As COVID-19 vaccinations continue to ramp up and the local economy shows more signs of improvement, it’s time for the state of Hawaii to lift its restrictions on interisland travel.
The health of the population and the health of our finances go hand in hand in this pandemic. Maintaining the mandatory quarantine without a coronavirus test for passengers flying from island to island is a hindrance to the longterm prospects of both.
Business leaders, economists and Lt. Gov Josh Green are joining a growing chorus of experts saying the time has come to implement changes to the Safe Travels program.
But Gov. David Ige, who has the sole authority to change the rules, continues to resist the idea.
Asked about Green’s wish to “dump the interisland travel quarantine all together” because it’s “a total waste of time and money,” Ige on Wednesday told Hawaii News Now, “It’s easy for someone who lives on Oahu to talk about, it’s more than a hassle than it’s worth.”
The governor’s response to his lieutenant governor’s views was yet another unfortunate example of the disconnect among Hawaii’s top leaders on major policy matters. But there is little logic in continuing to make it hard for people to move between islands for pleasure, for business, for family or for medical reasons.
While Oahu-bound interisland travelers are not subject to quarantine, those traveling from Oahu to neighboring islands in Maui, Kauai and Hawaii counties are subject to a 10-day quarantine unless they receive a negative COVID test within three days of travel, or secure an exemption or get approval for a shorter quarantine period.
Kauai-bound travelers are subject to a quarantine with or without a test. Although Mayor Derek Kawakami has asked Ige to approve the county moving back into the Safe Travels program, right now Kauai visitors must participate in a “resort bubble” program and take a second test 72 hours after their arrival on the island.
Maui-bound travelers, in the meantime, must download the AlohaSafe Alert App that tracks their encounters with people who are potentially infected, among other requirements.
These requirements remain in place even as a tsunami of positive news on the COVID-19 front has emerged in just the past few days. It all helps support the argument — our argument — on how important it is for Hawaii to capitalize on the momentum.
Nationally, the Biden administration on Tuesday announced that there will be enough vaccines for every adult in the country by the end of May. And on Thursday Senate Democrats voted to take up the president’s $1.9 trillion stimulus bill that includes a new round of stimulus checks and $350 billion for state and local governments.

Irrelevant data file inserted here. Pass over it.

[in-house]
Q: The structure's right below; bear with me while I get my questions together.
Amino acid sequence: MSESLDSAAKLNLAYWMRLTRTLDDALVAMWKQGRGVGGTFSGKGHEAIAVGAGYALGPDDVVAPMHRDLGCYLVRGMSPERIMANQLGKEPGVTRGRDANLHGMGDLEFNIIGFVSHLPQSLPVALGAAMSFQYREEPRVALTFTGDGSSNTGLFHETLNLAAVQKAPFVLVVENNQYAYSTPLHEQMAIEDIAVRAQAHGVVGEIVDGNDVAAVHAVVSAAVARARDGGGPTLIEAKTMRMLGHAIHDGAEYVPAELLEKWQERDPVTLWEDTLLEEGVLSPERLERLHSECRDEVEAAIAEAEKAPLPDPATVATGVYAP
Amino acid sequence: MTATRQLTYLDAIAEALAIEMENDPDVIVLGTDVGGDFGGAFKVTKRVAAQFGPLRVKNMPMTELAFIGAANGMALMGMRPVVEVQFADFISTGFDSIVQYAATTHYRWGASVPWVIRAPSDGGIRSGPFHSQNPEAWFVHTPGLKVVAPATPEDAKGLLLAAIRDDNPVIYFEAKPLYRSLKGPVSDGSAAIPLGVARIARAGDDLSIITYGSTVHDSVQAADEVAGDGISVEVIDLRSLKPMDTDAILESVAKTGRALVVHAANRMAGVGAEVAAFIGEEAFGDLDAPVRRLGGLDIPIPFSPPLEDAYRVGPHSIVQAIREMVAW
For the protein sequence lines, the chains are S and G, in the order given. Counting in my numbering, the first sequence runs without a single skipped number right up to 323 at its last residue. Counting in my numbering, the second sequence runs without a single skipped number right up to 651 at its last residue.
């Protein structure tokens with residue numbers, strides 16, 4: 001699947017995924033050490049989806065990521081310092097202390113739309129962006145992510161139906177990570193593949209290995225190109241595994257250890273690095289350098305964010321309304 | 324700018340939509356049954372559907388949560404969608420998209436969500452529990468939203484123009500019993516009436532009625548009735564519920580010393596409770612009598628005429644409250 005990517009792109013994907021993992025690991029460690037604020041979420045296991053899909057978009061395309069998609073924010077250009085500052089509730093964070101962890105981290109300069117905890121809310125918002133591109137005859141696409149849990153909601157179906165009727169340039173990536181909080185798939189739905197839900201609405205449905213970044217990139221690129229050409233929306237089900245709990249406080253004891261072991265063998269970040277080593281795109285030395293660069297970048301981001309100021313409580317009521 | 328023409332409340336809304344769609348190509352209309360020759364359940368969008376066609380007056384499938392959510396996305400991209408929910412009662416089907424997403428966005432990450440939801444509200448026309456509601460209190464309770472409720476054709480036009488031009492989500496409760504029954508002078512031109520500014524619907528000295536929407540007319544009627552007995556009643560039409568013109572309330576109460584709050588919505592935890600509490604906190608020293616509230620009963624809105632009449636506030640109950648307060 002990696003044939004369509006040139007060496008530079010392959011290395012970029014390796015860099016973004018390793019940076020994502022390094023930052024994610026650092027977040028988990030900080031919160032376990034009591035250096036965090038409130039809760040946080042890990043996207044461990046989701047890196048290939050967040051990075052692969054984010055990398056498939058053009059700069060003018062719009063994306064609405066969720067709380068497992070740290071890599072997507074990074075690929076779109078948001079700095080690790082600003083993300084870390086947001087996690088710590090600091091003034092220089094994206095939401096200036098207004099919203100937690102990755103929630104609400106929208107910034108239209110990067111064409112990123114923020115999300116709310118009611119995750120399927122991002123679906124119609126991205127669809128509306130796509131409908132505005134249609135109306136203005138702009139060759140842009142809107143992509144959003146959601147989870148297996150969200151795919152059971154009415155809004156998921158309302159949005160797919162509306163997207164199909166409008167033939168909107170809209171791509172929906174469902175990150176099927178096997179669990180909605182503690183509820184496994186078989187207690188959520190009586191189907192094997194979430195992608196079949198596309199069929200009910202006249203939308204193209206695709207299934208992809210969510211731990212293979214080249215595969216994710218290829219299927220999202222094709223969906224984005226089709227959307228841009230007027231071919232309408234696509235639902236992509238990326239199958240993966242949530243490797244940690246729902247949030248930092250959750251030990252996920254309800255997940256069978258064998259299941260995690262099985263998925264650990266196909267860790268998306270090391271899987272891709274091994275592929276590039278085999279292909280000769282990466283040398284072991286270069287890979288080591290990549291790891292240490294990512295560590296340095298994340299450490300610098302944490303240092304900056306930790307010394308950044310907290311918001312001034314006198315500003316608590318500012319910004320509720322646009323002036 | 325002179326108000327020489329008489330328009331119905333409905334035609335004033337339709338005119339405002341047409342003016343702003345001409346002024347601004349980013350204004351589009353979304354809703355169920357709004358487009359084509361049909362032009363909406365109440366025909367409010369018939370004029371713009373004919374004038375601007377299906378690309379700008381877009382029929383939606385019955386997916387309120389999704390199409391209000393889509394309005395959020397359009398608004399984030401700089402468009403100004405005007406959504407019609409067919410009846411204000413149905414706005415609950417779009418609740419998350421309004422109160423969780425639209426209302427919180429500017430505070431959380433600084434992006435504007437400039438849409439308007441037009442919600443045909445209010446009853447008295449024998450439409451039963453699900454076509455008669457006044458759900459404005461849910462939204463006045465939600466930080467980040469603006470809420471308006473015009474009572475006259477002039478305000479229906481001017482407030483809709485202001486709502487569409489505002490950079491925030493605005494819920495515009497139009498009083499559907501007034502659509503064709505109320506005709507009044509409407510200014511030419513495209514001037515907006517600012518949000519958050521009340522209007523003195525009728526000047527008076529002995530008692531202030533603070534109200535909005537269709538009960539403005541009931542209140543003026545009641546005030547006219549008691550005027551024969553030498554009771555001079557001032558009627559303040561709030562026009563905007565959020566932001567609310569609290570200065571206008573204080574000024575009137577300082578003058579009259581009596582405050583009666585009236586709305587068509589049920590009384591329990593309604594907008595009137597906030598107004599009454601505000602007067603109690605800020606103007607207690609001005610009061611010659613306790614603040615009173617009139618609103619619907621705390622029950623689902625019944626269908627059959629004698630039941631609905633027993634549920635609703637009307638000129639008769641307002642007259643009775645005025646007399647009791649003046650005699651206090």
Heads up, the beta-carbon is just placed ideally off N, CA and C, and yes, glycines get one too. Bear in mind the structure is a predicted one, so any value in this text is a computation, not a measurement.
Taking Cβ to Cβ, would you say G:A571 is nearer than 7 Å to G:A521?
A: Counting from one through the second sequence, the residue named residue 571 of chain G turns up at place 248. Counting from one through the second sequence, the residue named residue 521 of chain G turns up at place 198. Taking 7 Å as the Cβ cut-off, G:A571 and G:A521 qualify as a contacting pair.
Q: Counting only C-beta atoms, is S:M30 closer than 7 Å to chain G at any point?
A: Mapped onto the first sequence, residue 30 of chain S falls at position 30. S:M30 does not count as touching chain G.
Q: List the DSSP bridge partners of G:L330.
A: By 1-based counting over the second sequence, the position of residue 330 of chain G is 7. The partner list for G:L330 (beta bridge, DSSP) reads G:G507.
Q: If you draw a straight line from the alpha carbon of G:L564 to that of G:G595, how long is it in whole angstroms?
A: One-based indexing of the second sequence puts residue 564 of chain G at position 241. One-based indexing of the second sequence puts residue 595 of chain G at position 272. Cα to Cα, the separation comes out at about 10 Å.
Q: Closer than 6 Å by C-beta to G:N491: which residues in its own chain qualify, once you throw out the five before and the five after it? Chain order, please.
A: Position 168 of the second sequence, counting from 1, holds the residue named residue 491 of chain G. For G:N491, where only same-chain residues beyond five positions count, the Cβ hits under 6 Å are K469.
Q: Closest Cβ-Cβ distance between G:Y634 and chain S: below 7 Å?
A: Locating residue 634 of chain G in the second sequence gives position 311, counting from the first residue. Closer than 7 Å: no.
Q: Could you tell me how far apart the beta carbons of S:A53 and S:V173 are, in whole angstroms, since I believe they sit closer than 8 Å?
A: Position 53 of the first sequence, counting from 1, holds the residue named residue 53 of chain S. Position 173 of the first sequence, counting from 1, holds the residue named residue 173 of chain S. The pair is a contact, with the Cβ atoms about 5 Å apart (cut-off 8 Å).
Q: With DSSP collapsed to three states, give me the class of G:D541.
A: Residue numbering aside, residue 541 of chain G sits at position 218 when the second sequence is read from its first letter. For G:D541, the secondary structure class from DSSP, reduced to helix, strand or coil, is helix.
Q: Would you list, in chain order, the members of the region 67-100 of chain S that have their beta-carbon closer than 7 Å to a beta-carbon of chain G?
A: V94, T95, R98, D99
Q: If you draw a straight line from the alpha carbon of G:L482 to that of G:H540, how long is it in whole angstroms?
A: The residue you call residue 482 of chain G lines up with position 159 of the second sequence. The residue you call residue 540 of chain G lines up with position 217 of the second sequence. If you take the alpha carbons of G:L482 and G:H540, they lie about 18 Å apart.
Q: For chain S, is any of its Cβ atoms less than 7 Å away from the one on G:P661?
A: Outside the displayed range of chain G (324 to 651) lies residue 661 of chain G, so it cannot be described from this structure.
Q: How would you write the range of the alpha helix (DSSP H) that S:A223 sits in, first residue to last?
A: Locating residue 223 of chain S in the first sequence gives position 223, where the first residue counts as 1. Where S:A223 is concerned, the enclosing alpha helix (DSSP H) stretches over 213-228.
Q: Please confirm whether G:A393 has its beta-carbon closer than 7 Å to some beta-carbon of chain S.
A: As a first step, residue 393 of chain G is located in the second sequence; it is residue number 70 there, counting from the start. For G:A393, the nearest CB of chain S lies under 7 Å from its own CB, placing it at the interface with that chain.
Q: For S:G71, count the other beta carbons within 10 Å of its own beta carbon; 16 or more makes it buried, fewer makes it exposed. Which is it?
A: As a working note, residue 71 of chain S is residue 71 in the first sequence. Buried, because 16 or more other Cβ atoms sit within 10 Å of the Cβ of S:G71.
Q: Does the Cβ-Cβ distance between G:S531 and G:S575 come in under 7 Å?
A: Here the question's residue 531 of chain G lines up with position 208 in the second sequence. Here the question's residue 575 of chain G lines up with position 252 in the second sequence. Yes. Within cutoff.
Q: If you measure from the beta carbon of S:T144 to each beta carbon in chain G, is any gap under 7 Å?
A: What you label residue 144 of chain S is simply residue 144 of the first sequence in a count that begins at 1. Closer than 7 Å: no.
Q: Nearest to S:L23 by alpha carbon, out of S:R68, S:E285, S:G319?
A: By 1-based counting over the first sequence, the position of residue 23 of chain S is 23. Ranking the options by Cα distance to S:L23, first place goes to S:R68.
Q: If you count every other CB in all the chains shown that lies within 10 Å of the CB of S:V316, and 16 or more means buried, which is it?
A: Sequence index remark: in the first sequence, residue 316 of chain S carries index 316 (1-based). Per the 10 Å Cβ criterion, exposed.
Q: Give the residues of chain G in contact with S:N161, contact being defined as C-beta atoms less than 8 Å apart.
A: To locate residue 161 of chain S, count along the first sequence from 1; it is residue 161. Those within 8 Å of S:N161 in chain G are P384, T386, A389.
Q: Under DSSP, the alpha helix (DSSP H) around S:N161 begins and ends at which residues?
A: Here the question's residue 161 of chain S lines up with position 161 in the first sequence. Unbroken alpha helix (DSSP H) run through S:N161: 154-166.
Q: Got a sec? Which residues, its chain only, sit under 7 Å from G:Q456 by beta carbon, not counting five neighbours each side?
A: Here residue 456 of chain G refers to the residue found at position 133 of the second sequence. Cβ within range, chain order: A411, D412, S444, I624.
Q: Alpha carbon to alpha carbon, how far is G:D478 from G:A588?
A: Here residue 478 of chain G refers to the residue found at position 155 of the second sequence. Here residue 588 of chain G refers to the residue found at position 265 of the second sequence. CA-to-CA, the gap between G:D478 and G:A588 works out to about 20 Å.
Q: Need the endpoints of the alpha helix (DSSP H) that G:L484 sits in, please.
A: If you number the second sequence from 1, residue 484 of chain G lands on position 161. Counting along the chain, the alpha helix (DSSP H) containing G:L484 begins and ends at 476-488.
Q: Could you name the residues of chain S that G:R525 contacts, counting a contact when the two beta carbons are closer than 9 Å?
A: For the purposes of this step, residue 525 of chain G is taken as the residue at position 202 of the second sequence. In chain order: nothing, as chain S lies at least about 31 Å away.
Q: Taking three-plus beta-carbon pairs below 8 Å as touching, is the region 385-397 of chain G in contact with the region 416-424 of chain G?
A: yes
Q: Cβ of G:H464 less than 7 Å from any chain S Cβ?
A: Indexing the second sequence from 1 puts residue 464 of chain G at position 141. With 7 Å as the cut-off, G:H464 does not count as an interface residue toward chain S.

Also this week Hawaii received the first shipment of 11,900 doses of vaccine from Johnson & Johnson — sooner than expected — just as health officials said they would allow residents ages 70 and older to be eligible for shots beginning Monday.
Hawaiian Airlines, Hawaii’s largest private employer, said it would delay a decision on more layoffs until May 1. And the state could see a significant economic recovery over the next six months as pent-up desire for travel coincides with the increased vaccinations on the mainland and the expected new wave of federal stimulus money.
The need to relax interisland travel barriers is all the more pressing since state officials have yet to allow use of a vaccine passport. It could be weeks or months before that happens, even as Hawaii should already be putting out a welcome mat to entice summer travelers.
COVID-19 remains a threat and Hawaii should certainly not follow the path of Texas and Mississippi in lifting mask-wearing mandates. But daily cases and infection rates have steadily been on the decline and augur well for recovery.
Unfortunately, what is also on the decline are visitor arrivals and spending. In January arrivals dropped 80% compared to a year ago, according to the latest data from the Hawaii Tourism Authority, while spending was down $383 million, a drop of more than 77%.
It’s no surprise that a roundtrip ticket from, say, Honolulu to Hilo on Hawaiian Airlines can be had for as little as $78. Businesses are literally on life support. It’s time for our governor to extend them a lifeline.